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The sukkah has an unusual place in Jewish thought. On the one hand, it is an unrivaled holy space, the mandated nature of which can only be compared to the Beit HaMikdash. On the other hand, several sources understand it to be a substitute for the punishment of exile. Of course, we need not resolve these ideas and can just say they represent rival approaches to this popular commandment. But looking at it in its larger context will show that not only are these ideas not contradictory, but they can even bolster one another:

Sukkot’s unique and obviously crafted position after the High Holidays gives it an atmosphere of bliss. In ancient times, when it also marked the end of the agricultural year, this spiritual bliss was reinforced by a sense of completion as well. Like Shabbat – but even more so – the work was behind, and one was free to enjoy the fruits of one’s labors. But even today, Sukkot is a holiday that brings a unique inner peace – a peace that would seem to resemble the messianic era, not coincidentally one of its themes. And the quality that most epitomizes that era is harmony between Jew and gentile – not a magical disappearance of anti-Semitism or a complete victory of tolerance-education, but rather a universal acceptance of God’s moral and spiritual order; an order that is best advanced by helping the Jewish people serve God and further educate mankind.


But how do we get there? Netziv on Devarim 29:3 is among several Jewish thinkers that propose that exile was not only a punishment for the Jewish people, but also a necessary condition for human redemption. He points out that if the Jews were to have stayed in their land, their influence on the rest of the world would have been severely limited.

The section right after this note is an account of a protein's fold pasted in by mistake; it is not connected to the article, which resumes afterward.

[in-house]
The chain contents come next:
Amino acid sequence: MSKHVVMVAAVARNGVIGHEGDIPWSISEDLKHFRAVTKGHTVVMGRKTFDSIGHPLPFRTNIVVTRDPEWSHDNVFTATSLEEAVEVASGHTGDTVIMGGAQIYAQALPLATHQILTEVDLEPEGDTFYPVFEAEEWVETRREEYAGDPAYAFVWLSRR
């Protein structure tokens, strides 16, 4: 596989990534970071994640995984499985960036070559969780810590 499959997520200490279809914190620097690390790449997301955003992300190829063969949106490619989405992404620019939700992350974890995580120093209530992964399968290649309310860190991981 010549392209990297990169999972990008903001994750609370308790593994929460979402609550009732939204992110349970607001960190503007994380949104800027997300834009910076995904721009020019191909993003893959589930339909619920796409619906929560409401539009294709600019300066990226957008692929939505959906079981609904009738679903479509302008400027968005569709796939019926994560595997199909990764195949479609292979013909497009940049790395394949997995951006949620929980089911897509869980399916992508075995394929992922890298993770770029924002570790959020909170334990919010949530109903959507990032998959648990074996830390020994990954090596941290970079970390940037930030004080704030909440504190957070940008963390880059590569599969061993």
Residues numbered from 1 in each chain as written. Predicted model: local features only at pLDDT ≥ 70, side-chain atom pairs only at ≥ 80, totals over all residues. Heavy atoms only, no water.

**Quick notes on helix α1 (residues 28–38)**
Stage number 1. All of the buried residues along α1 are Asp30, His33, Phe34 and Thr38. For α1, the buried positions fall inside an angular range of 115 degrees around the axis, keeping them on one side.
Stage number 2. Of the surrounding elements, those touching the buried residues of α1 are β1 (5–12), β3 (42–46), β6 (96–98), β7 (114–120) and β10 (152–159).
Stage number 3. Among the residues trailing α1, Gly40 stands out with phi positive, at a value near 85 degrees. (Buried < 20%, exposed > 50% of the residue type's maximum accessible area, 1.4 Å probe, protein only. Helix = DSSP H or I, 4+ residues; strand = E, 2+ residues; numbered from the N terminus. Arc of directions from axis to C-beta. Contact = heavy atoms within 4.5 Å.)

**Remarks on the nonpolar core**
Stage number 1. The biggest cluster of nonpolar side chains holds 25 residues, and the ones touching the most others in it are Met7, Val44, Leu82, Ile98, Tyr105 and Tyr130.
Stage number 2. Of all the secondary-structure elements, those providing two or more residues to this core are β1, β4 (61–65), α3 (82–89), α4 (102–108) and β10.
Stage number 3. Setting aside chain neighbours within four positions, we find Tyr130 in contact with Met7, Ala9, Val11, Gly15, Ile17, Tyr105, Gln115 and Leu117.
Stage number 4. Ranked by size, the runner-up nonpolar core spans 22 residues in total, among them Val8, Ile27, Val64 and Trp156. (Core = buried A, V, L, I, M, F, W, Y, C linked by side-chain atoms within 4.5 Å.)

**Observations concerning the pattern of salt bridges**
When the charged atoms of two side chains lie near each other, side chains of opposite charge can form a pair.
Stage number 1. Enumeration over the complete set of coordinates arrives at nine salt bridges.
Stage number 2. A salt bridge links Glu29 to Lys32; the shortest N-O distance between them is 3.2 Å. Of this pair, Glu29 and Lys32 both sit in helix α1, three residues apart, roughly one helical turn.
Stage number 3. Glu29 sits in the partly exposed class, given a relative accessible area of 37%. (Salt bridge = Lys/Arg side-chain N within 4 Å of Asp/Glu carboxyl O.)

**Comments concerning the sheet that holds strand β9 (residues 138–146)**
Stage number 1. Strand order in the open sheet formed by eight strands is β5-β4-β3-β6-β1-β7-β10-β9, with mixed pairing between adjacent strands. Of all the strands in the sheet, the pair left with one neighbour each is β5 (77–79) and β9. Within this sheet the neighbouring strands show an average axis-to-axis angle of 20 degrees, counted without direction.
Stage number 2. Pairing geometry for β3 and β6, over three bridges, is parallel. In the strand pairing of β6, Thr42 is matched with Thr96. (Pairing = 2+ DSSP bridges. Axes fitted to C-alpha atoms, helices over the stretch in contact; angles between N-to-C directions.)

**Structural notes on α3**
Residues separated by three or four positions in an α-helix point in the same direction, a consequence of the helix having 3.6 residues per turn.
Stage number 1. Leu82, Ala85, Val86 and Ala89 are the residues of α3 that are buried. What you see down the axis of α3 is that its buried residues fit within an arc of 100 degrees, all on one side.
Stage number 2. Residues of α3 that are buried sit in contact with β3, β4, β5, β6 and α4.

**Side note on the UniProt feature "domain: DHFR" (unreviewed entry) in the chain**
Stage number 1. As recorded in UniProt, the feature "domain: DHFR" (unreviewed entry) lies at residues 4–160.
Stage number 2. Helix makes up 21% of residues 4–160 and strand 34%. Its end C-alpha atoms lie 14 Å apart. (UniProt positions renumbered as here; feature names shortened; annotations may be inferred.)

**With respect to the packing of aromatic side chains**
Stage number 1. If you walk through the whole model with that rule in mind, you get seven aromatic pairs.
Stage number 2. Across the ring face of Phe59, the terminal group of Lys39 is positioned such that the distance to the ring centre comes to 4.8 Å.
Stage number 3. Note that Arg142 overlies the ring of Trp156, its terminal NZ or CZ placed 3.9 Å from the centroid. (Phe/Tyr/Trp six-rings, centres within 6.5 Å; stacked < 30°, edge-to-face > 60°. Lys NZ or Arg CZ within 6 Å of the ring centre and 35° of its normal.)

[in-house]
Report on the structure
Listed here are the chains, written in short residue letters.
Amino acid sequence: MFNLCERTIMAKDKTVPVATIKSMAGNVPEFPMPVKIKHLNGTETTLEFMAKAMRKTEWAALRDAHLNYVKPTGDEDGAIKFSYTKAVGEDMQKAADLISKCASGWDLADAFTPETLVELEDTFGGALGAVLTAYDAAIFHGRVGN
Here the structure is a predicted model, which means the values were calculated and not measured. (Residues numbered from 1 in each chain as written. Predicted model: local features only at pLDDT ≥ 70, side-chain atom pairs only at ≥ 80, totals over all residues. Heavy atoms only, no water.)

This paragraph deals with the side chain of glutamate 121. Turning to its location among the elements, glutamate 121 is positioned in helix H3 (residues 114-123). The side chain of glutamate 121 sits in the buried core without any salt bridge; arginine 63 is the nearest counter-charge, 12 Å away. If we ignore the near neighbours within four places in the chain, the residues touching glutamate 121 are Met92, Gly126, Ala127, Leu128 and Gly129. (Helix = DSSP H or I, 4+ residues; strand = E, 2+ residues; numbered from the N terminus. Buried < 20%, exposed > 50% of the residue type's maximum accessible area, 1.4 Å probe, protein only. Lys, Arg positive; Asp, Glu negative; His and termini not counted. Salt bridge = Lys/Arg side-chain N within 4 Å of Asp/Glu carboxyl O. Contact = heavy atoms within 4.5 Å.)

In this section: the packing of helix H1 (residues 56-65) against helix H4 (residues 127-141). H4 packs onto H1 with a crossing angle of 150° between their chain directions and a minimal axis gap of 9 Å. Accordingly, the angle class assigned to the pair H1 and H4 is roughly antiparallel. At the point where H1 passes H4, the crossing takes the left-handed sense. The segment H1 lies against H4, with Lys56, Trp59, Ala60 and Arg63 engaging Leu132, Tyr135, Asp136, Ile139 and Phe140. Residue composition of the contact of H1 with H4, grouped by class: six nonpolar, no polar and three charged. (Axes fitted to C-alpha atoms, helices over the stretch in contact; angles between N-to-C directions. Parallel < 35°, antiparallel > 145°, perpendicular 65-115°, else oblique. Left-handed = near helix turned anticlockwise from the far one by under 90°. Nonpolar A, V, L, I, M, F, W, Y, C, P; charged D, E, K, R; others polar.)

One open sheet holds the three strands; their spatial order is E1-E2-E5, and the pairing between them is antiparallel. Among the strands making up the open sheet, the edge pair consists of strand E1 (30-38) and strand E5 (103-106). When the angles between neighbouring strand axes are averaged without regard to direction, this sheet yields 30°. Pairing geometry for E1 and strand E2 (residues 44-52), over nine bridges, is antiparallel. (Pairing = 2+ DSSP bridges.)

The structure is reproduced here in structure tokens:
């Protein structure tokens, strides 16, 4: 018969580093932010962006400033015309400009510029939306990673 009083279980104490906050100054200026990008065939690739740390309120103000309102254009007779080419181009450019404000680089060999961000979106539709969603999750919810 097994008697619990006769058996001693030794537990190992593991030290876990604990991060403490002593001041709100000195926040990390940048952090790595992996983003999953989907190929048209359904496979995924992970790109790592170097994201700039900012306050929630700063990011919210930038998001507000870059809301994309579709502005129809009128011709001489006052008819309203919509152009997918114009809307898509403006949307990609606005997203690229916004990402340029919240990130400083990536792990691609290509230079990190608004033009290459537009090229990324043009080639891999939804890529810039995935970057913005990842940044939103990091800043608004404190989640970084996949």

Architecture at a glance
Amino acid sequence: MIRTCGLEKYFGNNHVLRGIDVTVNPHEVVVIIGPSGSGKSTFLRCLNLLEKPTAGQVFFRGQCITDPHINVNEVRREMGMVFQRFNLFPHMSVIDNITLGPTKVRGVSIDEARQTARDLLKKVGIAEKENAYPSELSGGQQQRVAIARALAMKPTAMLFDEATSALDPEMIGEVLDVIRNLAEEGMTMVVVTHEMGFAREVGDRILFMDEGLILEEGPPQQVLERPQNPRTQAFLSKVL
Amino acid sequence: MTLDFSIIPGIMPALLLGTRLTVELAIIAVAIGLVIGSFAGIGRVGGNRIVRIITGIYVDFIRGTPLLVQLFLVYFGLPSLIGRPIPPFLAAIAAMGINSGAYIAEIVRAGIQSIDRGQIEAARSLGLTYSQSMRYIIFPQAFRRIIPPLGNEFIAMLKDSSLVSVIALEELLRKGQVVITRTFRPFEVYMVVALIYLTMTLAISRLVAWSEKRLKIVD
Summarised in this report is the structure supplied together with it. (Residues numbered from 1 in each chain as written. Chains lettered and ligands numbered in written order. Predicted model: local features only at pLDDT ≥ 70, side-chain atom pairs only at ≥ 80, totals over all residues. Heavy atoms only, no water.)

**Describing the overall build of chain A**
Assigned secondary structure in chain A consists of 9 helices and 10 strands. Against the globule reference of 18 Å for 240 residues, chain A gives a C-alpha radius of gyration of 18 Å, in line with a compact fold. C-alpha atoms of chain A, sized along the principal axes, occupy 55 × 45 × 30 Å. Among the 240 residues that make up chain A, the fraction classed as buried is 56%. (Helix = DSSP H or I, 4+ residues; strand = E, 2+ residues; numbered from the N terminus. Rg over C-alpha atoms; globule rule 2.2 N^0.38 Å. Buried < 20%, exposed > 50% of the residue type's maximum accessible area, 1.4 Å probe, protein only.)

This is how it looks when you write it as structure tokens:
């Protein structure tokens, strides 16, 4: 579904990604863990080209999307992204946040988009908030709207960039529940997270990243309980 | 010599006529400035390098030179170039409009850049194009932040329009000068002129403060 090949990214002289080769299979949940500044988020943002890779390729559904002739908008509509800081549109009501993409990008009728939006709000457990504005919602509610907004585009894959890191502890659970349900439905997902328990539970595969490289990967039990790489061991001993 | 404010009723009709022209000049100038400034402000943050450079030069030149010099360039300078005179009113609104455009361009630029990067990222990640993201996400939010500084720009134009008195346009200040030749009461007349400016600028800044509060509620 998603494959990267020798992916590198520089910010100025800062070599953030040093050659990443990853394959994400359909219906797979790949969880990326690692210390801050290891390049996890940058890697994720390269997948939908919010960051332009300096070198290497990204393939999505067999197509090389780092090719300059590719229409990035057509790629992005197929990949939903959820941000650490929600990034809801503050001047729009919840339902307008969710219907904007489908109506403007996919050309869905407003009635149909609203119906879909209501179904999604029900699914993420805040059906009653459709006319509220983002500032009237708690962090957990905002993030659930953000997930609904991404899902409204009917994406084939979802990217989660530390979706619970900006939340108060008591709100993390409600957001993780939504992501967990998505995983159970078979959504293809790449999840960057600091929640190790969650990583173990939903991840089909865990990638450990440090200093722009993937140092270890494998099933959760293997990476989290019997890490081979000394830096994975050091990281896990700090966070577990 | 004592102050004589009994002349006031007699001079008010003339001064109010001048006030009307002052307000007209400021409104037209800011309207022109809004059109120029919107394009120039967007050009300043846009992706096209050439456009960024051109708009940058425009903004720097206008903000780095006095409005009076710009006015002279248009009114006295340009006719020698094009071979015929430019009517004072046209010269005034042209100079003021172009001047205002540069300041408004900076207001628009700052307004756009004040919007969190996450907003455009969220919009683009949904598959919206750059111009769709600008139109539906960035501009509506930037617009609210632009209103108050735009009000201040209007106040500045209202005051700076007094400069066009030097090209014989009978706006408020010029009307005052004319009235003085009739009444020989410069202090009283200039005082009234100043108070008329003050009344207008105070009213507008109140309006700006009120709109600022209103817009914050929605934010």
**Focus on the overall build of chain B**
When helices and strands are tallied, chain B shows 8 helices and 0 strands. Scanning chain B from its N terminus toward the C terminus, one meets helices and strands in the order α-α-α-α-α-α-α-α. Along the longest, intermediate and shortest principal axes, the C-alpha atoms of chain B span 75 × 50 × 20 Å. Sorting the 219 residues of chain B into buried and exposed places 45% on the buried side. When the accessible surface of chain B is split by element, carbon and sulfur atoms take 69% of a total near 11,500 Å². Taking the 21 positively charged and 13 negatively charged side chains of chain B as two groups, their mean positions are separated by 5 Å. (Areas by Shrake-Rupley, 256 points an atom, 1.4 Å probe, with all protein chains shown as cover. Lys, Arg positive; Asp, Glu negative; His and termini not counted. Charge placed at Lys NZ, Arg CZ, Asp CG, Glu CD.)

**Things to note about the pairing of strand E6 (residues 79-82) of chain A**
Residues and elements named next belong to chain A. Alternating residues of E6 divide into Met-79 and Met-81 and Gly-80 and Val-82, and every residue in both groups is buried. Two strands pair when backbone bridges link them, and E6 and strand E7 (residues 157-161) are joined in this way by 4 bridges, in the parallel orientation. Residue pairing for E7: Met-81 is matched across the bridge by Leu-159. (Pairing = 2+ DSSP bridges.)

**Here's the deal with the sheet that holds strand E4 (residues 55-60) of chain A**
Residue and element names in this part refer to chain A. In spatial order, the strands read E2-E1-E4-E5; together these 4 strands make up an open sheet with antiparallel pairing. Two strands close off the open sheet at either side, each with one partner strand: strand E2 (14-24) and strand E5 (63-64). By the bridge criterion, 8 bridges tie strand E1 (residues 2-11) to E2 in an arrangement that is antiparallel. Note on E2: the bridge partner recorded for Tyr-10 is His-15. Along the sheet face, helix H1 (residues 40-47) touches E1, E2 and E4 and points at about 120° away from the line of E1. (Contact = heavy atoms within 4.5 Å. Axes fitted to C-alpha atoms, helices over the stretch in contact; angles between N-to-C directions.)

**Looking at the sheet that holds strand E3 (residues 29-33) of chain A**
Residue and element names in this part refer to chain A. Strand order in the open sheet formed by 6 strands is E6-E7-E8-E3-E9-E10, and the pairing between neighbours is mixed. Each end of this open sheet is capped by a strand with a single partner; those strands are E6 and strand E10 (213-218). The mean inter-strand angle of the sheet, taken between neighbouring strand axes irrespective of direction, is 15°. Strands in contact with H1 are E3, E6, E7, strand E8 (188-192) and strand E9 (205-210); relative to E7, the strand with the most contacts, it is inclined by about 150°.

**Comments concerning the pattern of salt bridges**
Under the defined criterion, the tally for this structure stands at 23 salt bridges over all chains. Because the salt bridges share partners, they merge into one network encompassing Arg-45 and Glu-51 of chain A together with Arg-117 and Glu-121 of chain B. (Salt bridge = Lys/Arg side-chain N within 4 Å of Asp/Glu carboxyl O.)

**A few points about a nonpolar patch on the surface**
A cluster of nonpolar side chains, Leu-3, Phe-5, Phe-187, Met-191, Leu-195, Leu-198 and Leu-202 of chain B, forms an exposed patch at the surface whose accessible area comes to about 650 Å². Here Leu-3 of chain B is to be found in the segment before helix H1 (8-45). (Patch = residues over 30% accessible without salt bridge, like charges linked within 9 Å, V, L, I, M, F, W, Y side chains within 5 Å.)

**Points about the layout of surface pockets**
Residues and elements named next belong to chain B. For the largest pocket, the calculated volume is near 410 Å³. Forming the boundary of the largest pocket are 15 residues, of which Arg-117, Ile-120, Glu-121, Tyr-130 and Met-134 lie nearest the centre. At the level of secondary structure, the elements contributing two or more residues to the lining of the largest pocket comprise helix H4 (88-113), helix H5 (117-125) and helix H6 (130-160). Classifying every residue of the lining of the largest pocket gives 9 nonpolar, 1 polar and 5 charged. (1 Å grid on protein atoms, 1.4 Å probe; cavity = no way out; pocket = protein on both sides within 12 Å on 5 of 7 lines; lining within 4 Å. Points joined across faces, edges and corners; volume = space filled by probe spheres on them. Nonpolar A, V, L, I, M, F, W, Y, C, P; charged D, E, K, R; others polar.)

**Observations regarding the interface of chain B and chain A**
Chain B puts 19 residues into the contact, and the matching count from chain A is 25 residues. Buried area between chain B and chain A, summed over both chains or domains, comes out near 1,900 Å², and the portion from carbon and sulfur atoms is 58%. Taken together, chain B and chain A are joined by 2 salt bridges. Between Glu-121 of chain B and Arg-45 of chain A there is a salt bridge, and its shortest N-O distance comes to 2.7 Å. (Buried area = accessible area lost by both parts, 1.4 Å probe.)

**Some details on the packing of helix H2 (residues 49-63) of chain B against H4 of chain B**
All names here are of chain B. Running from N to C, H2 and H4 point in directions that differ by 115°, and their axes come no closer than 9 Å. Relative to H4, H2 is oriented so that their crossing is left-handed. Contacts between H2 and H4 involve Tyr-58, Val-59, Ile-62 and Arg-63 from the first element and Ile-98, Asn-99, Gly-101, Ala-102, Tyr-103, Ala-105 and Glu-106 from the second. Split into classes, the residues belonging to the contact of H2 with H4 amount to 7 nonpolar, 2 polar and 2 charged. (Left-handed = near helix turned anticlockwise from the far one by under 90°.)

Of course, no one can deny that the harsh conditions of exile have exerted a great toll on the Jewish people. But this is only the case when the Jews live outside of the sukkah – when they do not reach the spiritual heights that come from properly going through the High Holidays and subsequently living in God’s space. As we find in Chullin 8b, when something is busy exuding, it cannot simultaneously absorb. Along those lines, the Jews can only absorb the bitterness of the exile, when they are not exuding their own Godly spirituality. And the exuding of spirituality is precisely what is supposed to happen on Sukkot.

At Sukkot, the nature of exile itself is different : At that time we exit the artificial human walls we build to protect ourselves and meld into the larger reality of God and His creation – knowing that we have the spiritual strength to expose ourselves to all that it entails, while giving ourselves a taste of the messianic consciousness that will one day allow us to ‘live in the sukkah’ throughout the year..

And that consciousness is the consciousness of the Beit HaMikdash. For though the geography of Israel may be absent, the sukkah’s spiritual space is essential identical with that of the Temple – which King Shlomo dedicated as a source of spiritual inspiration for all of the nations. Hence the sukkah embodies the function of the Beit HaMikdash until the latter can be rebuilt, to fulfill that function itself. Until that time comes, however, all we have is the sukkah.

Basing himself on the Midrash and on the Zohar, Rav Kook writes that the ultimate song of Israel is when the song of self, the song of the nation, the song of man and the song of the world all merge into one at all times (Orot haKodesh, vol II, pp. 444-45). Rav Kook identifies this as the Song of Songs written by Shlomo. I would add to this that he wrote it as an embodiment of the spirit with which he imbued the Beit HaMikdash. And it is this song that we taste at Sukkot, when all Jews metaphorically join together in one single dwelling – a dwelling that transforms the world around it.


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Rabbi Francis Nataf ( is a veteran Tanach educator who has written an acclaimed contemporary commentary on the Torah entitled “Redeeming Relevance.” He teaches Tanach at Midreshet Rachel v'Chaya and is Associate Editor of the Jewish Bible Quarterly. He is also Translations and Research Specialist at Sefaria, where he has authored most of Sefaria's in-house translations, including such classics as Sefer HaChinuch, Shaarei Teshuva, Derech Hashem, Chovat HaTalmidim and many others. He is a prolific writer and his articles on parsha, current events and Jewish thought appear regularly in many Jewish publications such as The Jewish Press, Tradition, Hakira, the Times of Israel, the Jerusalem Post, Jewish Action and Haaretz.